Ortiz’s prosecution of the acclaimed Internet activist for hacking has drawn harsh comment from newspaper editorials, online users and a petition to the White House with 35,000 signatures.

    For 17 years, Nancy Gertner sat as a federal judge here in Boston. She says she was troubled by much of what she learned and saw from the bench before leaving in 2011. And she says Ortiz should not have prosecuted Swartz.

    “Just because you can charge someone with a crime, just because a technical crime has been committed, doesn’t mean you should,” Gertner said.

    Comment by Fred Gregory — Wednesday, January 16, 2013 3:19 pm @ 3:19 pm | Reply

  2. Swartz’s lawyer had been working with the AUSA on a plea deal in which he’d have copped to a misdemeanor and served no time .JSTOR had already withdrawn its civil suit and urged Ortiz not to prosecute, inasmuch as Swartz, with a Harvard account, accessed the articles legally and many were in the public domain. MIT’s role appears less certain at this point: Did it urge prosecution, or did it just imply by its silence that it thought the prosecution was appropriate? The president of MIT has appointed someone there to lead an internal investigation, and an online acquaintance of mine on the faculty says that while he’s concerned that such investigations in general are usually just a way to buy time and let people forget that anything wrong happened, he happens to trust this particular individual enough to believe that if MIT committed any errors of action or omission, it’ll come out in the wash. I hope he’s right.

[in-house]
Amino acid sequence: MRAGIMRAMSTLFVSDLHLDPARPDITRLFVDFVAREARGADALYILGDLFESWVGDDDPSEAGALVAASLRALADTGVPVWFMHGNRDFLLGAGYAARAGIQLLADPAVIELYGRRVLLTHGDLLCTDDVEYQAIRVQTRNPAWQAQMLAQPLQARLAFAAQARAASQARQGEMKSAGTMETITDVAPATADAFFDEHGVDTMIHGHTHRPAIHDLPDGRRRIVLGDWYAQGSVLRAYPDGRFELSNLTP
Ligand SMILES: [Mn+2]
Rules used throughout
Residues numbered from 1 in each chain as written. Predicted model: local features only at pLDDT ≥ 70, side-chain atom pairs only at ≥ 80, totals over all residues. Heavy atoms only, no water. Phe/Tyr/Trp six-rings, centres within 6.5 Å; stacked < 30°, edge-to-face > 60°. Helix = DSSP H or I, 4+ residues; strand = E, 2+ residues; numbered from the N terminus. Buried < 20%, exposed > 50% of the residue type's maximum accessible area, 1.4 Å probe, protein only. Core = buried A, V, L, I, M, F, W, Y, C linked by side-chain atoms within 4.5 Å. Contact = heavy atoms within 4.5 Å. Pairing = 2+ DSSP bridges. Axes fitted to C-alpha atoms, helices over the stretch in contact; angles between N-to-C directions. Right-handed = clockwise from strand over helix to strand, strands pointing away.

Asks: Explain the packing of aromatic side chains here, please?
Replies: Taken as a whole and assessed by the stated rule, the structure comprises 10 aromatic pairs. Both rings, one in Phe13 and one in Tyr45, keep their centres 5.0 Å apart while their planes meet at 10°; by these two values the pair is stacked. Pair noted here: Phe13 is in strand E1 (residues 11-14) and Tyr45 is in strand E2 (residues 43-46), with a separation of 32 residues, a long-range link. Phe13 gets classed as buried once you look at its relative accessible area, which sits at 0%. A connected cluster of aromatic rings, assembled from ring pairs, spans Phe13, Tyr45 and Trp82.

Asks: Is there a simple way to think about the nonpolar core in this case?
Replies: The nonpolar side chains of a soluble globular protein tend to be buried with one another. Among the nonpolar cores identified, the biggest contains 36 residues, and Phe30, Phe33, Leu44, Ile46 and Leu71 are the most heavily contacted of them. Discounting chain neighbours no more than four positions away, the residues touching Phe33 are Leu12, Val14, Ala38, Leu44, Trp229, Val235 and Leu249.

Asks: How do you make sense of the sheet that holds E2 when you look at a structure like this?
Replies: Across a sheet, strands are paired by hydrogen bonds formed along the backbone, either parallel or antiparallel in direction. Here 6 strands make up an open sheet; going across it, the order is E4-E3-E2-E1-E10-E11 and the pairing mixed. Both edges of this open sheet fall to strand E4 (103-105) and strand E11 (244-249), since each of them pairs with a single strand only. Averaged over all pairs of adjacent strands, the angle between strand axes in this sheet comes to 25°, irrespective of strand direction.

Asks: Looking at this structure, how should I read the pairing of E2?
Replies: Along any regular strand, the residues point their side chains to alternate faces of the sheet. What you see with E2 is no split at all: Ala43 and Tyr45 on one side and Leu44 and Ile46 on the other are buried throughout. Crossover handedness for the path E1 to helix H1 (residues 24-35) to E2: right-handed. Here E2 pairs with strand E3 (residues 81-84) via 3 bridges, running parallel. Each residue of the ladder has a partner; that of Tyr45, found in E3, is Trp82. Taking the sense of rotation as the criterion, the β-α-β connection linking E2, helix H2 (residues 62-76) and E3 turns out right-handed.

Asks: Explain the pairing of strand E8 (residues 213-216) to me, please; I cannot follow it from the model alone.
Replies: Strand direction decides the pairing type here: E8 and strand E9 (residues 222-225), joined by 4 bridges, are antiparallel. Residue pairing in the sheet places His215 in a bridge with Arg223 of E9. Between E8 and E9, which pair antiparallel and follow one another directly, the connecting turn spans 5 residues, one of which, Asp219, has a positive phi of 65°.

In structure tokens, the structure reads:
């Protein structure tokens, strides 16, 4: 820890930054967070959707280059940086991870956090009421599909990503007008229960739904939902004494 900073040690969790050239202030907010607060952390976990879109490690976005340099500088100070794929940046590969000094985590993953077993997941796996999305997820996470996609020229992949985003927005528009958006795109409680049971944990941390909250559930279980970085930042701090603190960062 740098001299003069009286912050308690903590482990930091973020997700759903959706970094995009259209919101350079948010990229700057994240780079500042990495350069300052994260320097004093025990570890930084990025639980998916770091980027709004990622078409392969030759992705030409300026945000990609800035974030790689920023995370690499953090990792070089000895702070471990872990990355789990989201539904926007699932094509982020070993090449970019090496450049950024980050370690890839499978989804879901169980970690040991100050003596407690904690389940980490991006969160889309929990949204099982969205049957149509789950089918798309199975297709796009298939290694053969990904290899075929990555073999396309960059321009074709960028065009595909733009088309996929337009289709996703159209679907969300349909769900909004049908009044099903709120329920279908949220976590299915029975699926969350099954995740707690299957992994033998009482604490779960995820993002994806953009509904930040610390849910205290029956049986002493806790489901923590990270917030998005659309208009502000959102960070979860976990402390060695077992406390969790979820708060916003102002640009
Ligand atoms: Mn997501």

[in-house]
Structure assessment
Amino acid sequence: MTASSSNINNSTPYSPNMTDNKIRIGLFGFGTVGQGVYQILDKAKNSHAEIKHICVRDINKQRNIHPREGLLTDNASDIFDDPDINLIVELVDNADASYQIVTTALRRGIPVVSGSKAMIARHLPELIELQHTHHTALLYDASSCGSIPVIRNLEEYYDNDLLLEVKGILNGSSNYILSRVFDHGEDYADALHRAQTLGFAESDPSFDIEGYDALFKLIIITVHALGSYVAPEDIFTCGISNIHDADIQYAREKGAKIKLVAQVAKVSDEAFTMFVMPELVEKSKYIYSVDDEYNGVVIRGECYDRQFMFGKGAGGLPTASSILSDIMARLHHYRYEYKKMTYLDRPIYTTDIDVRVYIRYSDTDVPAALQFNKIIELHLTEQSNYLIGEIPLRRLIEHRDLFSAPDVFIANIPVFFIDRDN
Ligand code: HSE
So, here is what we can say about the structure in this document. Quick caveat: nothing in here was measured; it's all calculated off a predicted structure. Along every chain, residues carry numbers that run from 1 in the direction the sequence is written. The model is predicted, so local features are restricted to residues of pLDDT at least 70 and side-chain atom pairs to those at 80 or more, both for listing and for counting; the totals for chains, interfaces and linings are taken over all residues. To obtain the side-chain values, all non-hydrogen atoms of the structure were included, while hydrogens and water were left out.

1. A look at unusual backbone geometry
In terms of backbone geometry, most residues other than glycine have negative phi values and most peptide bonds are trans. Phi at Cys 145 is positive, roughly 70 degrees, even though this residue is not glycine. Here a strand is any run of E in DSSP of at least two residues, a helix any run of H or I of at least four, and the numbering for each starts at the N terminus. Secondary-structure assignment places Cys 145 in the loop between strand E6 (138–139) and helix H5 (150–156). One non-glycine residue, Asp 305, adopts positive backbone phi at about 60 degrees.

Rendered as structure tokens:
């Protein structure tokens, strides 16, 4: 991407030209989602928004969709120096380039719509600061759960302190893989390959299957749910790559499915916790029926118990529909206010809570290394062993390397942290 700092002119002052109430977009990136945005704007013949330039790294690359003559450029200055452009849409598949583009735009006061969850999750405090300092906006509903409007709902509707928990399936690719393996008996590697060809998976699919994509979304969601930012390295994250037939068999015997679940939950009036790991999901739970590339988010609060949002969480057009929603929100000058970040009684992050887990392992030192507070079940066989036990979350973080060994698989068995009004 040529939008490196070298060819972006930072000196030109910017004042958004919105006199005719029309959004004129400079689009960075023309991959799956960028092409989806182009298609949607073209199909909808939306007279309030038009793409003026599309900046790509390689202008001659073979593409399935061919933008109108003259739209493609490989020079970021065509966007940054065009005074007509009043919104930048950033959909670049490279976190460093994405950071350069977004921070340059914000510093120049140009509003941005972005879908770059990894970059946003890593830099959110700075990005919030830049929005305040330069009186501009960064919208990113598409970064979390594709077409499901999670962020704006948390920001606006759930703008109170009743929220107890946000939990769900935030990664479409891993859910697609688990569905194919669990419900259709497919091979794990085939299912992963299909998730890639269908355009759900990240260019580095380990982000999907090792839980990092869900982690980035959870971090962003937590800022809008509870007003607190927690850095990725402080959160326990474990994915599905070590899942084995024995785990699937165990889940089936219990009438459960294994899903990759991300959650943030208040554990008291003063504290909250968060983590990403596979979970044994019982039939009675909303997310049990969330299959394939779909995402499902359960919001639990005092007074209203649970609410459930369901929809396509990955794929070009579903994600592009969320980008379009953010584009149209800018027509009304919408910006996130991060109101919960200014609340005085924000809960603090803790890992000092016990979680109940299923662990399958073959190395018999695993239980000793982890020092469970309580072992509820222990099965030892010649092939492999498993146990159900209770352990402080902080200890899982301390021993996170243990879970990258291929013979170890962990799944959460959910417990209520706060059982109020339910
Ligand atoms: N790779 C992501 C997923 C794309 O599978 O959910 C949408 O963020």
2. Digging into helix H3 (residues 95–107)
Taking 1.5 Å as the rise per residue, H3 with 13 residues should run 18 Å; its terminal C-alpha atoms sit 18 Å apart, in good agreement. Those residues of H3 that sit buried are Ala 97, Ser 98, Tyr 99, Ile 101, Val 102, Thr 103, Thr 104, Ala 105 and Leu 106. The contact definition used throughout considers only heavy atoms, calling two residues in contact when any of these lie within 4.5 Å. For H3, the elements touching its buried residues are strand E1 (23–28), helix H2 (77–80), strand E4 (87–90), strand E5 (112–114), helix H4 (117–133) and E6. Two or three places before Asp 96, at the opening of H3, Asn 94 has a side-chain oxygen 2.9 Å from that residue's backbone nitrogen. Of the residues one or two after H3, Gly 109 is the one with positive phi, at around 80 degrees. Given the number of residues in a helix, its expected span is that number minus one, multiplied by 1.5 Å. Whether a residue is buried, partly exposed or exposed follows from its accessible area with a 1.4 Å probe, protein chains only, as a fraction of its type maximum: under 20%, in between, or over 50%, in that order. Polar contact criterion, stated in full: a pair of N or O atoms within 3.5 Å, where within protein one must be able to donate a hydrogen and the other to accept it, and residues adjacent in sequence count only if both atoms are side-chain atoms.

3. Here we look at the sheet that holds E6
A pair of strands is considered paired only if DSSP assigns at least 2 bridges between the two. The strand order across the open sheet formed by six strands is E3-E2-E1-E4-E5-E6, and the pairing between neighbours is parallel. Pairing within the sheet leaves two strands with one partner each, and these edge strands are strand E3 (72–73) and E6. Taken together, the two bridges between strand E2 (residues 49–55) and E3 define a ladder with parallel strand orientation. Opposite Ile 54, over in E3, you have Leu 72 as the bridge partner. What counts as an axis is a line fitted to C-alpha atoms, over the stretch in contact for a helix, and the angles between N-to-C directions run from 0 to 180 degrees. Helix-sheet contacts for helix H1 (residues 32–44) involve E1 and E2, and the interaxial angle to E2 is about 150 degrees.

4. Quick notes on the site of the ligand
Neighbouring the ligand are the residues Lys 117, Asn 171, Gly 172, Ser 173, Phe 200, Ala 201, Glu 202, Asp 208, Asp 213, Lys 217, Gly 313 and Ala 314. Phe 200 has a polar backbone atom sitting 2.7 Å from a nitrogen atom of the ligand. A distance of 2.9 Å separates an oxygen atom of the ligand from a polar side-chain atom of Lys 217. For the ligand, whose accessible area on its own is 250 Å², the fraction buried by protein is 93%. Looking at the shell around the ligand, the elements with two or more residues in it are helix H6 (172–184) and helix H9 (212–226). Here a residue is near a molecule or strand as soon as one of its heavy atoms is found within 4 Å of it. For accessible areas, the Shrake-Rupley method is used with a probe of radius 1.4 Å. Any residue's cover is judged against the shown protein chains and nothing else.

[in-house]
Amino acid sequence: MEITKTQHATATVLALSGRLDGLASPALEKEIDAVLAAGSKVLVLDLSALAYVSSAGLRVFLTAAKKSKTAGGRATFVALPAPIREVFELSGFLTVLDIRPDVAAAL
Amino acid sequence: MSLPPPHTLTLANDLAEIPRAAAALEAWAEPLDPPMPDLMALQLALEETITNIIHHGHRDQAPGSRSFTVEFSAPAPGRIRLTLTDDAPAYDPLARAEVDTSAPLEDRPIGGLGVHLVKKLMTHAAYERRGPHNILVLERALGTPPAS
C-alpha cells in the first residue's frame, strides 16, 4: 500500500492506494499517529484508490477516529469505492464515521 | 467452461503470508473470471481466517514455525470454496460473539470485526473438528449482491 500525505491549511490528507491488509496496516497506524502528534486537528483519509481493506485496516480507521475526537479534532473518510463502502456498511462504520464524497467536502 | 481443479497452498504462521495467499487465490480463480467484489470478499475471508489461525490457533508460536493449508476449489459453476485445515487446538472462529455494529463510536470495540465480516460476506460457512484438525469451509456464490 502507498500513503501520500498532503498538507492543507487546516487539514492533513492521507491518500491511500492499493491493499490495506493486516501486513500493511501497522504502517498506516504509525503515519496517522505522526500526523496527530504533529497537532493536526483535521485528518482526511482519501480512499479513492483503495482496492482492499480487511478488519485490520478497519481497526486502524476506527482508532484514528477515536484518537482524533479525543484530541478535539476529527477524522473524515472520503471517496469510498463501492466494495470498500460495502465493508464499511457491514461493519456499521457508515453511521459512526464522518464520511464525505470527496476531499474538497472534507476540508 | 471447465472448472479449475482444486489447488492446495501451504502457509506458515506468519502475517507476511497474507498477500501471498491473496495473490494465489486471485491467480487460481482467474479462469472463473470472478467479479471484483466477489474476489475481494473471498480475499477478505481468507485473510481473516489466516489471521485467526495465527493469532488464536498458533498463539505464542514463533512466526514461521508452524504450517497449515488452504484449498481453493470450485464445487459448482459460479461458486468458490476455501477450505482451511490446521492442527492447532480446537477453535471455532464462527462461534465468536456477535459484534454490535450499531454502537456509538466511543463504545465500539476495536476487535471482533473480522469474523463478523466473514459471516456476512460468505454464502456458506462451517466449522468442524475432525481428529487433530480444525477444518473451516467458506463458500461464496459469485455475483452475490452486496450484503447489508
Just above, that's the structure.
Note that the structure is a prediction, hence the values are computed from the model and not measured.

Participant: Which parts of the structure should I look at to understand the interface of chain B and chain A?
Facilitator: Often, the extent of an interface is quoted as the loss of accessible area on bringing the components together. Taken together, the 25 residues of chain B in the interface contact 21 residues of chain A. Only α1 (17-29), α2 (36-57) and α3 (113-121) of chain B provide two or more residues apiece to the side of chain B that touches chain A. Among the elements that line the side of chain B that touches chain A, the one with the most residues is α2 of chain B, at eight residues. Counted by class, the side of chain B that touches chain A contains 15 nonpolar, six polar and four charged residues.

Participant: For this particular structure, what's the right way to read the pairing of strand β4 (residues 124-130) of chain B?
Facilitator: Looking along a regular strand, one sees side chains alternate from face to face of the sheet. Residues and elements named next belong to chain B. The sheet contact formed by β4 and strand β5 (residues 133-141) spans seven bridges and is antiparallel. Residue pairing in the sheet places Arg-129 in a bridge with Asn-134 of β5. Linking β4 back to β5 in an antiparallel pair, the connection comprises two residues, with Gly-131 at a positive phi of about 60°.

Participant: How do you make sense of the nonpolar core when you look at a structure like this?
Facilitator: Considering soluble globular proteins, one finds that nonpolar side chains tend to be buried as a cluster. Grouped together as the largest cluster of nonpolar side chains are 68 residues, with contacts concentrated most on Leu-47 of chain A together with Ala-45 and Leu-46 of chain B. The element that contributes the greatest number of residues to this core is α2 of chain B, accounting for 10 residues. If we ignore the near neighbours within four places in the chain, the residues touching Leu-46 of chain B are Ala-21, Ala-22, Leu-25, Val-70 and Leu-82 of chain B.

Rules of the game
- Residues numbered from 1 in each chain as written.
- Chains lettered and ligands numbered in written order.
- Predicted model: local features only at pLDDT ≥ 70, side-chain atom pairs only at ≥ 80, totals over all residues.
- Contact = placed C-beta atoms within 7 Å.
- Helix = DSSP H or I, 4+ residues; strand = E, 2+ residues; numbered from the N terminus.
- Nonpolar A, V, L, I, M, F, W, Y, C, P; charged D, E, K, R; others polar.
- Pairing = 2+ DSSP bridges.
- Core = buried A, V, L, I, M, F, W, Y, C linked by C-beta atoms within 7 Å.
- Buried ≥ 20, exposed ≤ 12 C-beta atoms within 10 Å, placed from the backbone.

Also, it is impossible to know how to apportion “blame” for Swartz’s suicide between the prosecution and his own depression (which he had discussed openly), and I wouldn’t presume to. My point, independent of Swartz’s mental problems, is that this prosecution, if justified at all — and I grant the possibility that it was — was grossly disproportionate to the nature of the crime and grossly out of context considering all the war criminals and economy-destroyers walking around free.